Urgent Waitangi Tribunal to stop the sale of Shelly Bay for development video

ROBERT KITCHIN/FAIRFAX NZ

An urgent submission has been lodged to the Waitangi Tribunal in a bid to stop the sale of Shelly Bay.

An eleventh hour bid to stop the sale of Shelly Bay has been slammed as naive by the trust under attack.

Beneficiaries of the Port Nicholson Block Settlement Trust (PNBST) filed documents for an urgent Waitangi Tribunal hearing on Tuesday morning but PNBST chairman Neville Baker said the group did not understand the Waitangi Tribunal process.

Last week the trust confirmed it had entered a joint venture with the Wellington Company, the property development company of Ian Cassels, just months after its thousands of members voted down a different proposal with the same company.

Shelly Bay, much of which has been owned by the Port Nicholson Block Settlement Trust since 2009.
JOHN NICHOLSON/FAIRFAX NZ

Shelly Bay, much of which has been owned by the Port Nicholson Block Settlement Trust since 2009.

The commercial terms of the deal will depend on resource consent. However, the trust is believed to be poised to receive a payment in the order of $5 million to $7 million.

READ MORE:
Port Nicholson Block Settlement Trust closing on Shelly Bay sale
Port Nicholson Block Settlement Trust fails to sell Shelly Bay to Wellington Company

Baker said the commercial board acted within the terms of its deed, and a membership vote on the transaction was not required.

An artist's impression of a joint venture development at Shelly Bay by the Port Nicholson Block Development Trust and ...
SUPPLIED

An artist's impression of a joint venture development at Shelly Bay by the Port Nicholson Block Development Trust and The Wellington Company.

"I am extremely disappointed by the actions of the small number of members publicly claiming to file papers with the Waitangi Tribunal," Baker said.

Shelly Bay was not part of PNBST's settlement and was bought later, he said.

"Not only do these individuals obviously not understand good tribal governance, but also clearly have no understanding of the jurisdiction and process of the Waitangi Tribunal."

Taranaki Whānui members knew that PNBST had been losing money since its settlement in 2009 and had been a drain on the trust's balance sheet, he said.

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"My fellow trustees and I, together with the commercial board led by Toa Pomare, have turned this around and our just released annual report shows the trust group's first profit.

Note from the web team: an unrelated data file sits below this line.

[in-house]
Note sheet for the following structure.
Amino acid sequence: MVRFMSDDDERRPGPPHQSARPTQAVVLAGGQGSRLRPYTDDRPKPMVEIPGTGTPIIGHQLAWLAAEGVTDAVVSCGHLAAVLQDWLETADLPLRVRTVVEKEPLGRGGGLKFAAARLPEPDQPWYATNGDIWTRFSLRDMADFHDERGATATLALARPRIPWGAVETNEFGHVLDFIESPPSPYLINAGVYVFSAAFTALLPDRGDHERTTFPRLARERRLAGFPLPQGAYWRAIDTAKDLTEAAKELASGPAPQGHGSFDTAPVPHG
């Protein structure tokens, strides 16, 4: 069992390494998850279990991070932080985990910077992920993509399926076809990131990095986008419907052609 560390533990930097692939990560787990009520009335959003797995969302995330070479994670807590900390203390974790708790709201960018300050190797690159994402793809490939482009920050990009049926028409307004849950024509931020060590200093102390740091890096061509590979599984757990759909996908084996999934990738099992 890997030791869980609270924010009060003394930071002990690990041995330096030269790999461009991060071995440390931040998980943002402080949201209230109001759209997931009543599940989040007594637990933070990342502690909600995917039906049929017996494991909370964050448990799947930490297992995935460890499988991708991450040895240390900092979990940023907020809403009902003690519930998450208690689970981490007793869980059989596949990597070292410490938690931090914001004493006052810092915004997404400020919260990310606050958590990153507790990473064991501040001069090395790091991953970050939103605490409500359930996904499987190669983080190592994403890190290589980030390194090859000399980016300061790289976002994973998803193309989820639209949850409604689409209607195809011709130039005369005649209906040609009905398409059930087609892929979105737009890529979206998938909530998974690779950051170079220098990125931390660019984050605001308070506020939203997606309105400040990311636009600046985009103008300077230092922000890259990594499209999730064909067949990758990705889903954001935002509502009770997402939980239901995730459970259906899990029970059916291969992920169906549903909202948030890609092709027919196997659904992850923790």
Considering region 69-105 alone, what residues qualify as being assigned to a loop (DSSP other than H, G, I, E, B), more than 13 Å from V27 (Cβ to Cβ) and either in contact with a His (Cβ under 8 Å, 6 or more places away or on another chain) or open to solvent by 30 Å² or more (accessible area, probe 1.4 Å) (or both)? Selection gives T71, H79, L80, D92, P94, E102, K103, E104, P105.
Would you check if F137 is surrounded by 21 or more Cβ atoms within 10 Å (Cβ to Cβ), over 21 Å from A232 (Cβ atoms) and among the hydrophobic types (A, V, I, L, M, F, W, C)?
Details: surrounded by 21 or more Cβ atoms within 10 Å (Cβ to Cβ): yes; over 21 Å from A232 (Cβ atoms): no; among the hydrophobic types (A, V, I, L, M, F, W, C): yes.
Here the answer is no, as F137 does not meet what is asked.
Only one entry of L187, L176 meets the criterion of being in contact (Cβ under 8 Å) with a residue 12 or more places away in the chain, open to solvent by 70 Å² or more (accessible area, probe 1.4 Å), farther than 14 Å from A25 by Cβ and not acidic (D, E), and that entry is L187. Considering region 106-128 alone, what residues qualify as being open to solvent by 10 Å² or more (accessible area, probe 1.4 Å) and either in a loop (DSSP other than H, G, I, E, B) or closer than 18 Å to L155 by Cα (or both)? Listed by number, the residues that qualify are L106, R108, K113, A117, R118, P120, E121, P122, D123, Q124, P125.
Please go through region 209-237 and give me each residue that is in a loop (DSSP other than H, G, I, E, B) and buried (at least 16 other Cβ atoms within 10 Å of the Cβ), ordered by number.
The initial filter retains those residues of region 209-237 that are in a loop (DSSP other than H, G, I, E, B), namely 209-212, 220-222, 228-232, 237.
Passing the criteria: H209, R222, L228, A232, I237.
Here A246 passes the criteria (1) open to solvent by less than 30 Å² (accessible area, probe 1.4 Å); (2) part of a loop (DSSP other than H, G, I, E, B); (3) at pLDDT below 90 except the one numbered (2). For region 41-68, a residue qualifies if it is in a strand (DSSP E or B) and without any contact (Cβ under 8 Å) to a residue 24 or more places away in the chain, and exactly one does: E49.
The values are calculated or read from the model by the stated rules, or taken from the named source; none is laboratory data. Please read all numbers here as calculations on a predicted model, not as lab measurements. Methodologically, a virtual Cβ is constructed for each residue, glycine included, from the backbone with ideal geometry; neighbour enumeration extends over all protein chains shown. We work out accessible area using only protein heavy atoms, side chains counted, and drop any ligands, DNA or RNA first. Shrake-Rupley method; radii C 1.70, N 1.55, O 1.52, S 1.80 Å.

"Our actions as people elected to manage the affairs of the trust are transparent – as is the statement that we are on track to continue to grow the trust's assets."

Continued negativity, led by Dr Catherine Love and Kara Dr Puketapu, follows hard on the heels of Sir Ngatata Love being found guilty of defrauding the Wellington Tenths Trust and prior to his sentencing on October 6, he said.

"It is politics at its worst, ahead of the trust's election on October 15. This small group is critical, but at the same time is making no positive suggestions for the betterment of our members.

What this small group is doing flies in the face of that, the fact that we have solid governance in place."

The PNBST had indicated it will pursue Sir Ngatata Love and his partner Lorraine Skiffington in relation to other transactions of the trust when Love was chairman, including possibly through courts.

"PNBST will be pursuing debts it is owed – and it will be interested to see if the Wellington Tenths Trust, under the chairmanship of Morrie Love, does the same for the benefit of its members."

On Tuesday morning when the Waitangi Tribunal opened, Puketapu, Catherine Love, Hirini Jenkins-Mepham, were there to lodge their claim. 

The Tribunal was now considering the application.

Before delivering the documents, Love alleged the Trust was trying to sell the land by "stealth" and without the authority of its members.

The Waitangi Tribunal documents said the matter covered Maori ownership and rights, including the right to meaningful consultation in relation to proposed developments at Omarukaikuru/Shelly Bay, Wellington.

It alleges the Crown breached Treaty of Waitangi rights  through its special housing accord legislation. 

Puketapu, the chairman of the Te Ātiawa Tribal Council, which claims to represent the interests of Te Ātiawa and Taranaki Whānui people, said the concerns of Te Atiawa members had been expressed at numerous meeting  after they were told Shelly Bay was at risk of being sold through a commercial venture being developed by the PNBST Trustees.

"We need the truth today - not fanciful statements of promises around joining the business world or comments and actions that would not defend our land from being lost again.

"We gave our commitment to the Crown when they agreed to sell back to us our land at Shelly Bay where our tupuna blood and mokopuna afterbirth rest to this day."

The specific details of the Shelly Bay deal must immediately be provided to the owners by Baker and assurances given that ownership of the Shelly Bay land would not be risked in any way, he said.

The trustees would be challenged by the owners at the Annual General Meeting in three weeks-time, he said.

 - Stuff

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